Category: Autism Spectrum and Developmental Disorders
Keywords: Autism Spectrum Disorders | Mindfulness | Group Therapy
Presentation Type: Symposium
Parents of children with autism spectrum disorder (ASD) report exceptionally high levels of stress as compared to their counterparts, and parental stress exerts bidirectional effects on child outcomes. Caregiving stress likely results in poor health outcomes for parents, but we know very little about parental objective health profiles, given that most intervention studies rely on parental self-report outcomes. Parent-focused interventions (e.g., psychoeducation, behavioral education, mind-body interventions, social support) in ASD have been tested and demonstrated as helpful in addressing child outcomes, but the data on parent outcomes are equivocal. This project evaluates the feasibility and preliminary efficacy of two group-based interventions (i.e., psychoeducation and mindfulness) for parents of children with ASD, with a focus on psychological and physiological outcomes. Twenty-two parents of children with ASD (17 completers) with high baseline parental stress (i.e., above the 90th percentile) were enrolled in a pilot, randomized clinical trial on parent-focused interventions. Participants were randomized to 8 weeks of either a group psychoeducation program (GPEP) or a group mindfulness-based intervention (MBI). Parental self-report on psychological outcomes (parental stress, caregiver strain, perceived health) and physiological health outcomes were collected at baseline and post-treatment. Physiological/clinical outcomes were assessed in a laboratory setting (heart rate variability, blood pressure) and in the participant’s home environment (sleep, via actigraphy). Regarding feasibility outcomes, we met recruitment goals and had approximately 21% attrition, which is comparable to other parent training programs. Post-treatment, parents in GPEP demonstrated significant reductions in total stress (p=.04) and on the Parental Distress (p=.05) and Difficult Child Interactions (p>.01) domains. Parents in MBI improved only on the Difficult Child domain (p=.05). Between-group comparisons revealed that GPEP parents showed greater change post-treatment than MBI for parental stress (p>.01). In contrast, the MBI group showed significant improvement in perceived physical and emotional health (p=.02), whereas the GPEP group showed no change. Neither group demonstrated change in caregiver strain. No differences were observed in either group on physiological or clinical health outcomes. Parent-focused Interventions that are delivered in group formats and that are evaluated via multiple approaches to outcomes are important, but significantly understudied in ASD. The current study preliminary supports the feasibility of adapting individual intervention into group-based treatments and collecting objective data on functional and clinical health outcomes. In this small pilot sample, both psychoeducation and mindfulness effectively addressed different aspects of parental stress and perceived health. Along with previous research, this highlights the importance of including mediator and moderator analyses in parent interventions to identify what factors might influence treatment response. In this sample, no changes in physiological outcomes were observed, suggesting that parent perceptions of improved stress and health may not necessarily translate into change in objective health outcomes. This was a very small pilot sample, so the results are not conclusive. However, they do suggest the feasibility and importance of continuing parent-focused interventions that considers multiple outcomes.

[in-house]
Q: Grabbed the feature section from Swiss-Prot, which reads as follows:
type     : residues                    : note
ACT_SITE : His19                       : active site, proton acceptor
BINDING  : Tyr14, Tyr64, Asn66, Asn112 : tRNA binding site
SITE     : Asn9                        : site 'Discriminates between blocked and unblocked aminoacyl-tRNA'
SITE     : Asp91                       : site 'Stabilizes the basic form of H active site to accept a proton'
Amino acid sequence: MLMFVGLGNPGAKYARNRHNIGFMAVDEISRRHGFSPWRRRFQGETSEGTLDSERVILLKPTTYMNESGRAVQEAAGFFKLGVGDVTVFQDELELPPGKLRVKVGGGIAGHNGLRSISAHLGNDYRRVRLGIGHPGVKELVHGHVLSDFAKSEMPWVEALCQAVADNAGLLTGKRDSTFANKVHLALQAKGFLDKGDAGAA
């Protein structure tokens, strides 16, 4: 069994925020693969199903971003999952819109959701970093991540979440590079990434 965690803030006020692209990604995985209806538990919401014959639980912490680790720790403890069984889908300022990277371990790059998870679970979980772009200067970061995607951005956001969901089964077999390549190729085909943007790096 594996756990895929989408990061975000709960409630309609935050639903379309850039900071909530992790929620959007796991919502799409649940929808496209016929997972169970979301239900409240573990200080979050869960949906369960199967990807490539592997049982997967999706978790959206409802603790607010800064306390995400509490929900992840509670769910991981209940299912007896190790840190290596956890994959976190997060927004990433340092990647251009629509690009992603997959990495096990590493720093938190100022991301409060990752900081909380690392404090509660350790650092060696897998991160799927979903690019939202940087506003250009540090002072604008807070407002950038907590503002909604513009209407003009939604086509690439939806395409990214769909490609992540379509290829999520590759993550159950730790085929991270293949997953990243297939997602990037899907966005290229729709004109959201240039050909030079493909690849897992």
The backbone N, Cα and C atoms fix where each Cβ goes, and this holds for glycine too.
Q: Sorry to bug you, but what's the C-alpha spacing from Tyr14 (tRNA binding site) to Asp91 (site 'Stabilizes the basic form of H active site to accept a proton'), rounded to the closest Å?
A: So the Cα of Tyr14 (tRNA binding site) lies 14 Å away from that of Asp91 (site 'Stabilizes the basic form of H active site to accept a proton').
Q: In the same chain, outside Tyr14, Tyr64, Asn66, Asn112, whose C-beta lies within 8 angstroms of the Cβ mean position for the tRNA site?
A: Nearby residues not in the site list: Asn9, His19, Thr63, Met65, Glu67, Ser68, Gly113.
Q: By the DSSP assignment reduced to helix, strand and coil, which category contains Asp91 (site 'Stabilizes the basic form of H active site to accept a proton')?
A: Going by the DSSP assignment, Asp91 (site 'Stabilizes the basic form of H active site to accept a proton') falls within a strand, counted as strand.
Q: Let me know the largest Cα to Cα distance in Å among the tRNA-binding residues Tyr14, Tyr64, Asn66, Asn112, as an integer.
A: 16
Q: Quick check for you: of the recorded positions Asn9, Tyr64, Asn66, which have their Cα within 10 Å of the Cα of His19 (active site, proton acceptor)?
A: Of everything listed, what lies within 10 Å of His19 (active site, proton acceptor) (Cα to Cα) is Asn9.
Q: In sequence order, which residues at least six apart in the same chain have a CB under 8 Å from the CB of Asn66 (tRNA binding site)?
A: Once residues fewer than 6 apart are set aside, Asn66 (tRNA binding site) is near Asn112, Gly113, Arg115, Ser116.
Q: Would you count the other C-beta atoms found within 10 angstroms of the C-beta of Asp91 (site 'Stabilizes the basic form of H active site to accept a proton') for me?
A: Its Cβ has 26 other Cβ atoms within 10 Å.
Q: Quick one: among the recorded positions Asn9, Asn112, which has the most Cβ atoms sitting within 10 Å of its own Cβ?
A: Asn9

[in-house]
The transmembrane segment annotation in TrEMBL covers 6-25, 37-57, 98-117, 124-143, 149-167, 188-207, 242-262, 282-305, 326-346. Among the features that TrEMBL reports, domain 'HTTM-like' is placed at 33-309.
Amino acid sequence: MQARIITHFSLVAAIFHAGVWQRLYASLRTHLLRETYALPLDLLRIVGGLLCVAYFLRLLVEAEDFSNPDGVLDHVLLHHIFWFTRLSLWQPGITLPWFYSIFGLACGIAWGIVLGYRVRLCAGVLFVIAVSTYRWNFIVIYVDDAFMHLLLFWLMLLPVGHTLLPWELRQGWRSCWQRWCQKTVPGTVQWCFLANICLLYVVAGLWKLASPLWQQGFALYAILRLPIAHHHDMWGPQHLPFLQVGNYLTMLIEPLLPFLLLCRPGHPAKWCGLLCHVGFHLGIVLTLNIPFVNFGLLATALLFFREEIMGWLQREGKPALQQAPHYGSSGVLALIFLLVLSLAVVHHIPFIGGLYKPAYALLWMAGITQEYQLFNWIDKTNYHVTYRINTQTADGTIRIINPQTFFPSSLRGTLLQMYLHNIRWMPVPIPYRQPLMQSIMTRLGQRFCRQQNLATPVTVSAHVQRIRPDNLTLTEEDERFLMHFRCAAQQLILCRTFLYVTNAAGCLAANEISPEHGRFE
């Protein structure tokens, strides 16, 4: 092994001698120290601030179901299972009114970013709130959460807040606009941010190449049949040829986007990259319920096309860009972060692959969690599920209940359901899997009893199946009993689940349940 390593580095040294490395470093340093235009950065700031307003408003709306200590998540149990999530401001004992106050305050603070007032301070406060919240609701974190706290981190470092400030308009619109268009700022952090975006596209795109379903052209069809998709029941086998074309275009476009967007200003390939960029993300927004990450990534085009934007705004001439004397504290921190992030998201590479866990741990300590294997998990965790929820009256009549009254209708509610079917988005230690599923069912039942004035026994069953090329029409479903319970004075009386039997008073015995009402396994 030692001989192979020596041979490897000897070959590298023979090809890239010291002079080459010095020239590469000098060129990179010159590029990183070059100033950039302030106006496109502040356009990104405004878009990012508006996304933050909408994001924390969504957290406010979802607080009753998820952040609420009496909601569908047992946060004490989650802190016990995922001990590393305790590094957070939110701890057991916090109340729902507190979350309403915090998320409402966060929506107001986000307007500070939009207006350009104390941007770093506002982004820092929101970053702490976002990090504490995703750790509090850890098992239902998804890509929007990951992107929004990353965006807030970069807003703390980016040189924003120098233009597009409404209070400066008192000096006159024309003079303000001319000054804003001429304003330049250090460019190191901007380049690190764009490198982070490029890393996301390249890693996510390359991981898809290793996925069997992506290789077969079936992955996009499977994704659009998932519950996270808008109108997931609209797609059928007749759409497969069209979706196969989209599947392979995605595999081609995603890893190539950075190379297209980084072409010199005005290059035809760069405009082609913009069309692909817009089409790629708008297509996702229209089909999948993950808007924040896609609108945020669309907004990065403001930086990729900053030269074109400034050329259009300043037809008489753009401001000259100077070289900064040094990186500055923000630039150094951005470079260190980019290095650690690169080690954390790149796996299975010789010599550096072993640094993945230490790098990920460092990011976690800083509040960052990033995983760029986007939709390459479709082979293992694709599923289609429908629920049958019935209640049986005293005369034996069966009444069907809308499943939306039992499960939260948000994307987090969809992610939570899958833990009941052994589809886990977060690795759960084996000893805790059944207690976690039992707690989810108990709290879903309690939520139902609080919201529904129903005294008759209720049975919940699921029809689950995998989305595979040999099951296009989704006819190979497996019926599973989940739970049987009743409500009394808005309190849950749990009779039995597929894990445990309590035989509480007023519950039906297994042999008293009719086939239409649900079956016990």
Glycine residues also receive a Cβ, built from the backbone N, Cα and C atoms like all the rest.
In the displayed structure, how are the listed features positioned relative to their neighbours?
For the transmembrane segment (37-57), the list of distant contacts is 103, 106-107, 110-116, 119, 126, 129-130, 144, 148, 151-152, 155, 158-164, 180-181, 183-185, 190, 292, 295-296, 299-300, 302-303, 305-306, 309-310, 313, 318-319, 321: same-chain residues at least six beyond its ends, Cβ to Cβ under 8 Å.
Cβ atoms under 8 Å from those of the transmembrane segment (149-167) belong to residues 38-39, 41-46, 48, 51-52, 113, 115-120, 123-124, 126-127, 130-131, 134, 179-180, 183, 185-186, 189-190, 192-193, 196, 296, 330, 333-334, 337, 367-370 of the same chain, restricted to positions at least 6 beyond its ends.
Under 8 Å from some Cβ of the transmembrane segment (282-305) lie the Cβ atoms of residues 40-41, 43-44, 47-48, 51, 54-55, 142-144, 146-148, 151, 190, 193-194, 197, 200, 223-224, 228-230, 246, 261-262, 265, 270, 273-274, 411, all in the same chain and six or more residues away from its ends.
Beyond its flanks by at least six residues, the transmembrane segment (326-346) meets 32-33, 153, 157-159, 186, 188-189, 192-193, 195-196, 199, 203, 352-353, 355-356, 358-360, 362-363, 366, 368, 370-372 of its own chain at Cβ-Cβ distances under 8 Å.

University of Rochester
Saturday, November 18
1:45 PM – 3:15 PM
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